Accepting That Your Childhood BFF Might Not Be Your Best Friend Forever

Accepting That Your Childhood BFF Might Not Be Your Best Friend Forever

People change as they grow up, and so do their relationships.
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Most people always remember their first best friend. Maybe you built forts in the woods together, had slumber parties, or played on the same sports teams together. You were probably totally inseparable; nobody understood you like they did. And you were both absolutely positive that you were going to remain best friends forever, no matter what happened or how many years passed. But as you grow and mature, so do your relationships. It can be hard to accept that friendship dynamics change, especially if it’s not for the better.

My best friend and I met when we were nine, in fourth grade. I transferred into a new elementary school, and we slowly became attached at the hip. Apart from my family, she was the most important person in my life. Throughout middle school, we spent endless nights staying up late watching our favorite movies, reading Teen Vogue, talking about boys and eating Oreos and marshmallows. Our teachers went as far as to purposefully assign us to different class schedules, because we distracted each other in class.

When we left middle school and went to different high schools, we saw less and less of each other. We both made new friends and occasionally got tied up in boyfriends. But we talked every day, all day. If anything, we only grew closer, as we relied on each other for emotional support during the hardship of adjusting to new places with new people. She was absolutely everything to me. Whenever I got a new boyfriend, or even developed a new crush, I always sought her approval of the guy, rather than my parent’s. I valued her opinion more than anyone else’s.

When senior year came around, so did the college application process. The only reason I applied to the University of New Hampshire was because she did. My mom constantly encouraged me to apply, but I was dead set against it because I wanted to go to college out of state. My mind only changed when my friend said “Well––I’m applying. Imagine if we both went, and then we could live together!” That was it, I was sold.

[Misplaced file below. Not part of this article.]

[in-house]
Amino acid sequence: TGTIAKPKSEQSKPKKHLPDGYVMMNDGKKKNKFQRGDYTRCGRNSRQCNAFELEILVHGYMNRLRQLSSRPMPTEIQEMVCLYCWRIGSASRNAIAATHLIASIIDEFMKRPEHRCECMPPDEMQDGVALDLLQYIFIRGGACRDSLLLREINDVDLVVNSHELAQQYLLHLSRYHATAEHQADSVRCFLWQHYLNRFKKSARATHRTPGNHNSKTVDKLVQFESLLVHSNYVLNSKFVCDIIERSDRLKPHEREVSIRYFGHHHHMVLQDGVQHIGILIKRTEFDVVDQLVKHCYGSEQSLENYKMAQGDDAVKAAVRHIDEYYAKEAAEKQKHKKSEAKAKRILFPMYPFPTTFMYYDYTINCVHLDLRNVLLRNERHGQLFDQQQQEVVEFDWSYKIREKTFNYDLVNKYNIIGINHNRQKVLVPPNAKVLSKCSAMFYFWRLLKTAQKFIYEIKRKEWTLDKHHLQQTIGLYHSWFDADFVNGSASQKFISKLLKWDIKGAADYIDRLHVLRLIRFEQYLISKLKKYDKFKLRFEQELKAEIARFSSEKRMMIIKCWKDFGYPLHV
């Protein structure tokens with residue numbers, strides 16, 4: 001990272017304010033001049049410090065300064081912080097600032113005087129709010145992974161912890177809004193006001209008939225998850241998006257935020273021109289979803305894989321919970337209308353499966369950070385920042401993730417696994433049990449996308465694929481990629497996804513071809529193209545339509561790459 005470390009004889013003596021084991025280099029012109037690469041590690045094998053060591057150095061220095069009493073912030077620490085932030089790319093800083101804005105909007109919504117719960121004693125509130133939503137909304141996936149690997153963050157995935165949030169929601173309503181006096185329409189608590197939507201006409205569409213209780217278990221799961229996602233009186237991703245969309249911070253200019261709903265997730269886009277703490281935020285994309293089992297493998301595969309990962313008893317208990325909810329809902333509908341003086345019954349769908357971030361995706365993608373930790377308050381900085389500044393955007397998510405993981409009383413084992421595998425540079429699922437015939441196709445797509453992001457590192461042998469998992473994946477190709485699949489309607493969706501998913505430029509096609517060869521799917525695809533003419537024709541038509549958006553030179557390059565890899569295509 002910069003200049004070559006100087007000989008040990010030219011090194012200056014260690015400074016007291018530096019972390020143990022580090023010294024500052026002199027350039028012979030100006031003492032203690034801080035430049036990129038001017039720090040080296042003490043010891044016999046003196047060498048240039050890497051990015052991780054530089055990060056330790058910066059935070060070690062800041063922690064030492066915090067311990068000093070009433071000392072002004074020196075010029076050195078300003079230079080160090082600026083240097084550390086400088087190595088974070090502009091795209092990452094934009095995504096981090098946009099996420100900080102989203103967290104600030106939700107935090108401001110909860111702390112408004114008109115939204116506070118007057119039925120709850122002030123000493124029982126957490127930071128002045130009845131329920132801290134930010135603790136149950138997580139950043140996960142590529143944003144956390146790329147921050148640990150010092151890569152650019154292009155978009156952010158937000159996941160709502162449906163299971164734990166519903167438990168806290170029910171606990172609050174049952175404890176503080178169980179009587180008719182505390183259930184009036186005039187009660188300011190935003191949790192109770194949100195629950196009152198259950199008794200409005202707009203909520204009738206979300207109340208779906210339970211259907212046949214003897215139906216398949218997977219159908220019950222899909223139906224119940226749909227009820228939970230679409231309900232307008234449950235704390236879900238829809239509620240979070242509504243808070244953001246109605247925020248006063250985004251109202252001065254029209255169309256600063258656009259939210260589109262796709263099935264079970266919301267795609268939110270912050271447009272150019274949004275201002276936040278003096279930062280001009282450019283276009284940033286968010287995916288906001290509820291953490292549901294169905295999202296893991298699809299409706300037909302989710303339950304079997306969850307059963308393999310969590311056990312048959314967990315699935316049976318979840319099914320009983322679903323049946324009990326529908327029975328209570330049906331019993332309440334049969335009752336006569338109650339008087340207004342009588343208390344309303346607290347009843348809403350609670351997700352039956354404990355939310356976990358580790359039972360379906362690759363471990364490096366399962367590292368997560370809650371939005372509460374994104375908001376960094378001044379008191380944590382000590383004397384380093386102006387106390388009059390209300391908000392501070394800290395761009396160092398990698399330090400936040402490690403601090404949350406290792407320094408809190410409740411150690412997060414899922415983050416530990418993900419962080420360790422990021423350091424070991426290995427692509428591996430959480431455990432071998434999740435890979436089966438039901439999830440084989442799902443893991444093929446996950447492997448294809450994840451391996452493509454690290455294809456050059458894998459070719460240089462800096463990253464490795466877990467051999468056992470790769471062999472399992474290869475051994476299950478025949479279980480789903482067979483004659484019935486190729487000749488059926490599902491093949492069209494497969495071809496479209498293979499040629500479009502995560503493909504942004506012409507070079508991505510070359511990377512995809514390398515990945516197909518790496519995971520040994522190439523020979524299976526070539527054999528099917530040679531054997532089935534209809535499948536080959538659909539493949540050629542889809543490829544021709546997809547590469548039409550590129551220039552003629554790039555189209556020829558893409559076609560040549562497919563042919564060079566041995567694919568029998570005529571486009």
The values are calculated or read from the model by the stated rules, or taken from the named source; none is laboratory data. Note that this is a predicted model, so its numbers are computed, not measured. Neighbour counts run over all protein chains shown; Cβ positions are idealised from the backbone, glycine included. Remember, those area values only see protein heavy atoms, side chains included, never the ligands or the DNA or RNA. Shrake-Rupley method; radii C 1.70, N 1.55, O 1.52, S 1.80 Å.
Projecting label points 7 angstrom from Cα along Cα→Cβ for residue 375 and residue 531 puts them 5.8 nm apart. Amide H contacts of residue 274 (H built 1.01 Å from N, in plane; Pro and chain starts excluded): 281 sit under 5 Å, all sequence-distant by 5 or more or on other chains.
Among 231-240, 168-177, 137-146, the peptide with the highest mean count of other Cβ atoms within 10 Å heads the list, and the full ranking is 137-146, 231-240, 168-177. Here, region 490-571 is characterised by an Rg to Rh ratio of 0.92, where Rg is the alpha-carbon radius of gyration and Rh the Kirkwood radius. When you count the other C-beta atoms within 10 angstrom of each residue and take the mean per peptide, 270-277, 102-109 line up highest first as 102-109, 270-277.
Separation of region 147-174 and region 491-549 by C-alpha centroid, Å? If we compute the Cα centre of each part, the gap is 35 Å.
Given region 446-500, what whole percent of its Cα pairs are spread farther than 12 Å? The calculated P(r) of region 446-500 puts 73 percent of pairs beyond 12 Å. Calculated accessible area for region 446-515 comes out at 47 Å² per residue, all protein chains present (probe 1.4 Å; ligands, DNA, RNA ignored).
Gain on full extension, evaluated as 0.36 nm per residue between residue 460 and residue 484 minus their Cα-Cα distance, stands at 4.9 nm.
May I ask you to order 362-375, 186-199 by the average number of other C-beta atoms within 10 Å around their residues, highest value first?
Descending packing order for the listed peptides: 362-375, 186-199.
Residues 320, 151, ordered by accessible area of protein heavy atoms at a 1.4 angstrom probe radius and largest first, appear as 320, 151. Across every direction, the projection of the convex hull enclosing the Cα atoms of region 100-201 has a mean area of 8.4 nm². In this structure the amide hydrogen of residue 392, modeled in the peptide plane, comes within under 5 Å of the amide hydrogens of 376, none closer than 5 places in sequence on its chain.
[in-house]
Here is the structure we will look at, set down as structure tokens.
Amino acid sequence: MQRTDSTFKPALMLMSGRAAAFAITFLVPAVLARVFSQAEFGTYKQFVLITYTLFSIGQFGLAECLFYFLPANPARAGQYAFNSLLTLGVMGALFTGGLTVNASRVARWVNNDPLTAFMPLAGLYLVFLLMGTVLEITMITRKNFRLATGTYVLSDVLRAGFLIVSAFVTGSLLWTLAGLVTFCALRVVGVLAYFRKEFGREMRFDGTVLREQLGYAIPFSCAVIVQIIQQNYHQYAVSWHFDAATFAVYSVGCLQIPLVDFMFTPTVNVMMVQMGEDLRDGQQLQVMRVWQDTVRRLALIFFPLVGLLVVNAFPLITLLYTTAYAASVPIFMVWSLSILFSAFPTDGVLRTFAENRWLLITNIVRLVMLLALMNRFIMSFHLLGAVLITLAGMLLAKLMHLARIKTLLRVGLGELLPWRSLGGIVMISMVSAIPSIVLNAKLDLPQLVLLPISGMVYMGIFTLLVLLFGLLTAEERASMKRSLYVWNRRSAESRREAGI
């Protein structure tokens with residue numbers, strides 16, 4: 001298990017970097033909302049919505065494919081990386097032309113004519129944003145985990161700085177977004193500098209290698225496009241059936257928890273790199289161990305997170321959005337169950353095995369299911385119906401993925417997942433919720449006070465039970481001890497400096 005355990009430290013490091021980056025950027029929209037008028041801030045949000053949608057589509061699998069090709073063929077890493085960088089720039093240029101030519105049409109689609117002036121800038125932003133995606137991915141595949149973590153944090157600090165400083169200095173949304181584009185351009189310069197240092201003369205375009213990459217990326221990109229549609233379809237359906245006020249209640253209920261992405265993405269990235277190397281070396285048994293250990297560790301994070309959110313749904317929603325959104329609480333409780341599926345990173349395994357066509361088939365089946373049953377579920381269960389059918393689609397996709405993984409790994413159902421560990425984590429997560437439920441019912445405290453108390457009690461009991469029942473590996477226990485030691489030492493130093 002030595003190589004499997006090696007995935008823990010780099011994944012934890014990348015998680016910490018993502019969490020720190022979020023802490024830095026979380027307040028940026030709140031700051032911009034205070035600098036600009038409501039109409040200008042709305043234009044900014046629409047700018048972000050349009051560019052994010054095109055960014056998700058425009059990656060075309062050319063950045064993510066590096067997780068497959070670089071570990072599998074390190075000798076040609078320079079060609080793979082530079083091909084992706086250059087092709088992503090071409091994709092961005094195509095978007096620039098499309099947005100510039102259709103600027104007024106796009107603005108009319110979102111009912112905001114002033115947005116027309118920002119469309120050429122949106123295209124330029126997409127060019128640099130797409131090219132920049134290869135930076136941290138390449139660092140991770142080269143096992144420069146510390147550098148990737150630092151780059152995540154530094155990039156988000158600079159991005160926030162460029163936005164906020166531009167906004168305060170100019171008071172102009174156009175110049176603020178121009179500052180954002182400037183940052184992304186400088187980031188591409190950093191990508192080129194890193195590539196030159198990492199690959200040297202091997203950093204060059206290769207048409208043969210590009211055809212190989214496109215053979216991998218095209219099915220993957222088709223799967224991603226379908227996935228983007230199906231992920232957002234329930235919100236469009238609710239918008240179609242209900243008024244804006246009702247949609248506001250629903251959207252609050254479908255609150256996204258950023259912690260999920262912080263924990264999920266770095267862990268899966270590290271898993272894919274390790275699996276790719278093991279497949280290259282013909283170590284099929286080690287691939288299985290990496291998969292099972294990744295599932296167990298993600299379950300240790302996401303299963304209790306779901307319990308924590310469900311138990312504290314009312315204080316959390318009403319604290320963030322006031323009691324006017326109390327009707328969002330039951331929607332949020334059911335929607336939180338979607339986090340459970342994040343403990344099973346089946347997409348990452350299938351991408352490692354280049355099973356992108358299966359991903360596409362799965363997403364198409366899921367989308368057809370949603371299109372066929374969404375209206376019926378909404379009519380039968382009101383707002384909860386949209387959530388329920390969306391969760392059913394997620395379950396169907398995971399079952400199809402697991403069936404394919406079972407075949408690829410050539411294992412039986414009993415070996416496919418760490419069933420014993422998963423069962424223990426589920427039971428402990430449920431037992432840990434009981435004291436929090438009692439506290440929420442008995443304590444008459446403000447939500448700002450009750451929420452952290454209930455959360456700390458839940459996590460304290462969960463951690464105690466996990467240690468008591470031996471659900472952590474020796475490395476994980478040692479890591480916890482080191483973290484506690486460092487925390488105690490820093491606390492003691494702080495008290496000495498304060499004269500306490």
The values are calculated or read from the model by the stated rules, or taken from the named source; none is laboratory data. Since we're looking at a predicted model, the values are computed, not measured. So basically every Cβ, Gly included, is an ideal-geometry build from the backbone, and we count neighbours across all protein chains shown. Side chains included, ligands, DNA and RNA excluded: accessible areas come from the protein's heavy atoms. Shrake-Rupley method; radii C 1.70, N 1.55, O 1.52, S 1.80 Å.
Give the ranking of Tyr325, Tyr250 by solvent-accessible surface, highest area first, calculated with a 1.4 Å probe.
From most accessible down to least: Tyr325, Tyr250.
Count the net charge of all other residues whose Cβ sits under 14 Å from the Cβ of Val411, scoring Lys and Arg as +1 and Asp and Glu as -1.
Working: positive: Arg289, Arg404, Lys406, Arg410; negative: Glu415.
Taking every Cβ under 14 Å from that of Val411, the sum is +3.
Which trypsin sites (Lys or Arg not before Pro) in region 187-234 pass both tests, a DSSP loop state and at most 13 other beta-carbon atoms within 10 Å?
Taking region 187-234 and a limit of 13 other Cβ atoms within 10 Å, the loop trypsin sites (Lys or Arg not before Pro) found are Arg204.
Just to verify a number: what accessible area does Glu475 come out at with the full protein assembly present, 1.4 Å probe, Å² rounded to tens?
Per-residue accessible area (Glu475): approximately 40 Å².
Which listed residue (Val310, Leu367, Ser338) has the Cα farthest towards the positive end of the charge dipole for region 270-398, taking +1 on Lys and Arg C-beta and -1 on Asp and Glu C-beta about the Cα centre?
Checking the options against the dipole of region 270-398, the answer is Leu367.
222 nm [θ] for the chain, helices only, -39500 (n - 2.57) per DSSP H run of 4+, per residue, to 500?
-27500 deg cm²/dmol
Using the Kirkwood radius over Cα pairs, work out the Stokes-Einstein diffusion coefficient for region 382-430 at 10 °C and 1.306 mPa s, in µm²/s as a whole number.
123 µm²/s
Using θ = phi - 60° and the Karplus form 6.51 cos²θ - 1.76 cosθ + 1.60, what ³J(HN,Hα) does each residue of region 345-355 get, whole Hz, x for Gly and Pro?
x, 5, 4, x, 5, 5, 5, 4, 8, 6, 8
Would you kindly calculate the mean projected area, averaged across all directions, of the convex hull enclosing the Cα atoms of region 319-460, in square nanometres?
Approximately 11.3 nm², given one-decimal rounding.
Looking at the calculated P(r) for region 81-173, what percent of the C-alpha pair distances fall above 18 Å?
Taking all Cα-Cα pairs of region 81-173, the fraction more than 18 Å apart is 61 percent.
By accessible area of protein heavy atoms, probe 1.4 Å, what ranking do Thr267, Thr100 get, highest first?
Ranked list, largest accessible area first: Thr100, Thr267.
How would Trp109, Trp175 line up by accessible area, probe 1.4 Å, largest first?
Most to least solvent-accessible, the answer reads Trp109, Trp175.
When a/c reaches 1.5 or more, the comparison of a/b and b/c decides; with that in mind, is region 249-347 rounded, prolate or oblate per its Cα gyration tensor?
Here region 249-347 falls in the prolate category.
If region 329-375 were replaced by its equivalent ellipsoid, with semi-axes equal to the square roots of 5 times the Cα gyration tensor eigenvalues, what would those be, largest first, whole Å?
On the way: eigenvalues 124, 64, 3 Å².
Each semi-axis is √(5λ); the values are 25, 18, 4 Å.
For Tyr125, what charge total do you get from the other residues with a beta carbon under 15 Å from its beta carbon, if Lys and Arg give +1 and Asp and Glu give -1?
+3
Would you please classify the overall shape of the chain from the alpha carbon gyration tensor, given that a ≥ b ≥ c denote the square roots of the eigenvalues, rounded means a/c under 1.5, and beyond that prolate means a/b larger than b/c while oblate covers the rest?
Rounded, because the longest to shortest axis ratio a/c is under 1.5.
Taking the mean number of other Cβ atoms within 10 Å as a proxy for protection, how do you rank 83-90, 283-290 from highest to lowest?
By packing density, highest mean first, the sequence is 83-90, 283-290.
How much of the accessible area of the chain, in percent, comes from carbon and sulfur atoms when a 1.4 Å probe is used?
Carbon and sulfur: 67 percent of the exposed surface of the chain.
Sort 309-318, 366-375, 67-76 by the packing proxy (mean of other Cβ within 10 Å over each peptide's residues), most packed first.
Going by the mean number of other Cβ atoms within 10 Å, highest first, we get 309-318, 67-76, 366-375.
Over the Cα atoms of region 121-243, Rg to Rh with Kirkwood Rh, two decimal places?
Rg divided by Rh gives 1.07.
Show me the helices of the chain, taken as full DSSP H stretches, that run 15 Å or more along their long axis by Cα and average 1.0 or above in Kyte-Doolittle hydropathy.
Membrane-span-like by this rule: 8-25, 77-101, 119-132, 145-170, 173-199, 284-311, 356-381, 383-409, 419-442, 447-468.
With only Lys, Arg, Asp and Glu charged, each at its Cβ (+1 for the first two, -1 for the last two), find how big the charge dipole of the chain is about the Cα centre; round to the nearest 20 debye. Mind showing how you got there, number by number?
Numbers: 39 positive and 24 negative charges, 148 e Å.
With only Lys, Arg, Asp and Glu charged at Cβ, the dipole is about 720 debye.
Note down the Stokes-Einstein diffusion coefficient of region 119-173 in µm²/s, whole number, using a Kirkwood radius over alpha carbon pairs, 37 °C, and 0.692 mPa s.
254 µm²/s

But when the fall came, she went away to her dream school in Ohio, and I ended up at UNH without her. I fell in love with UNH, but as it would turn out, her dream school was not everything she had hoped for. So she transferred to UNH our sophomore year, and we moved into an off-campus apartment together, finally fulfilling one our longest standing childhood dreams of being able to live together.

But living together didn’t exactly turn out to be a dream-come-true. I guess I expected that it would be just like when we were kids––staying up late together, laughing and having a good time. Except now we didn’t have to live under our parent’s rules, which made life a hundred times better. But we weren’t nine anymore, we were nineteen––and after just a month of living together, we began to bicker about petty little things like doing the dishes or leaving stuff around the apartment. We had never been around each other for such an extended amount of time, and as the school year progressed, we grew more and more distant from each other instead of growing closer. Being together drove us apart. Despite the fact that we lived together, we rarely ever spent time together. Most of the time we both sat in our rooms alone, with the doors closed. All of the faults that I saw in my best friend suddenly became blown out of proportion in my perspective, and I wasn’t even sure if I liked who she was anymore. Our relationship felt like a pot of water on the stove that was due to boil over any second. For the three months of summer following our first year of living together, we rarely ever spoke a word to each other.

Despite our conflicts, we signed a lease for another apartment for the following school year. Maybe because neither of us had anyone else to live with, or because we were both trying to remain in denial about how badly our friendship had fallen apart. I felt vaguely heartbroken by how much our relationship had changed. For so many years, I was certain that no matter what changed over time, our friendship never would. But by the end of our second year of living together, it was obvious that the friendship we once had was almost completely irreparable. I can’t speak for how she felt about me, but I didn’t like who she was as a person anymore, and I was ready to have her out of my life. The friendship was fizzling out quietly for the most part, but not without some serious tension between us. We were both aware that it was happening, but never actually addressed it. Eventually, the whole thing ended in a massive fight that erupted early that summer.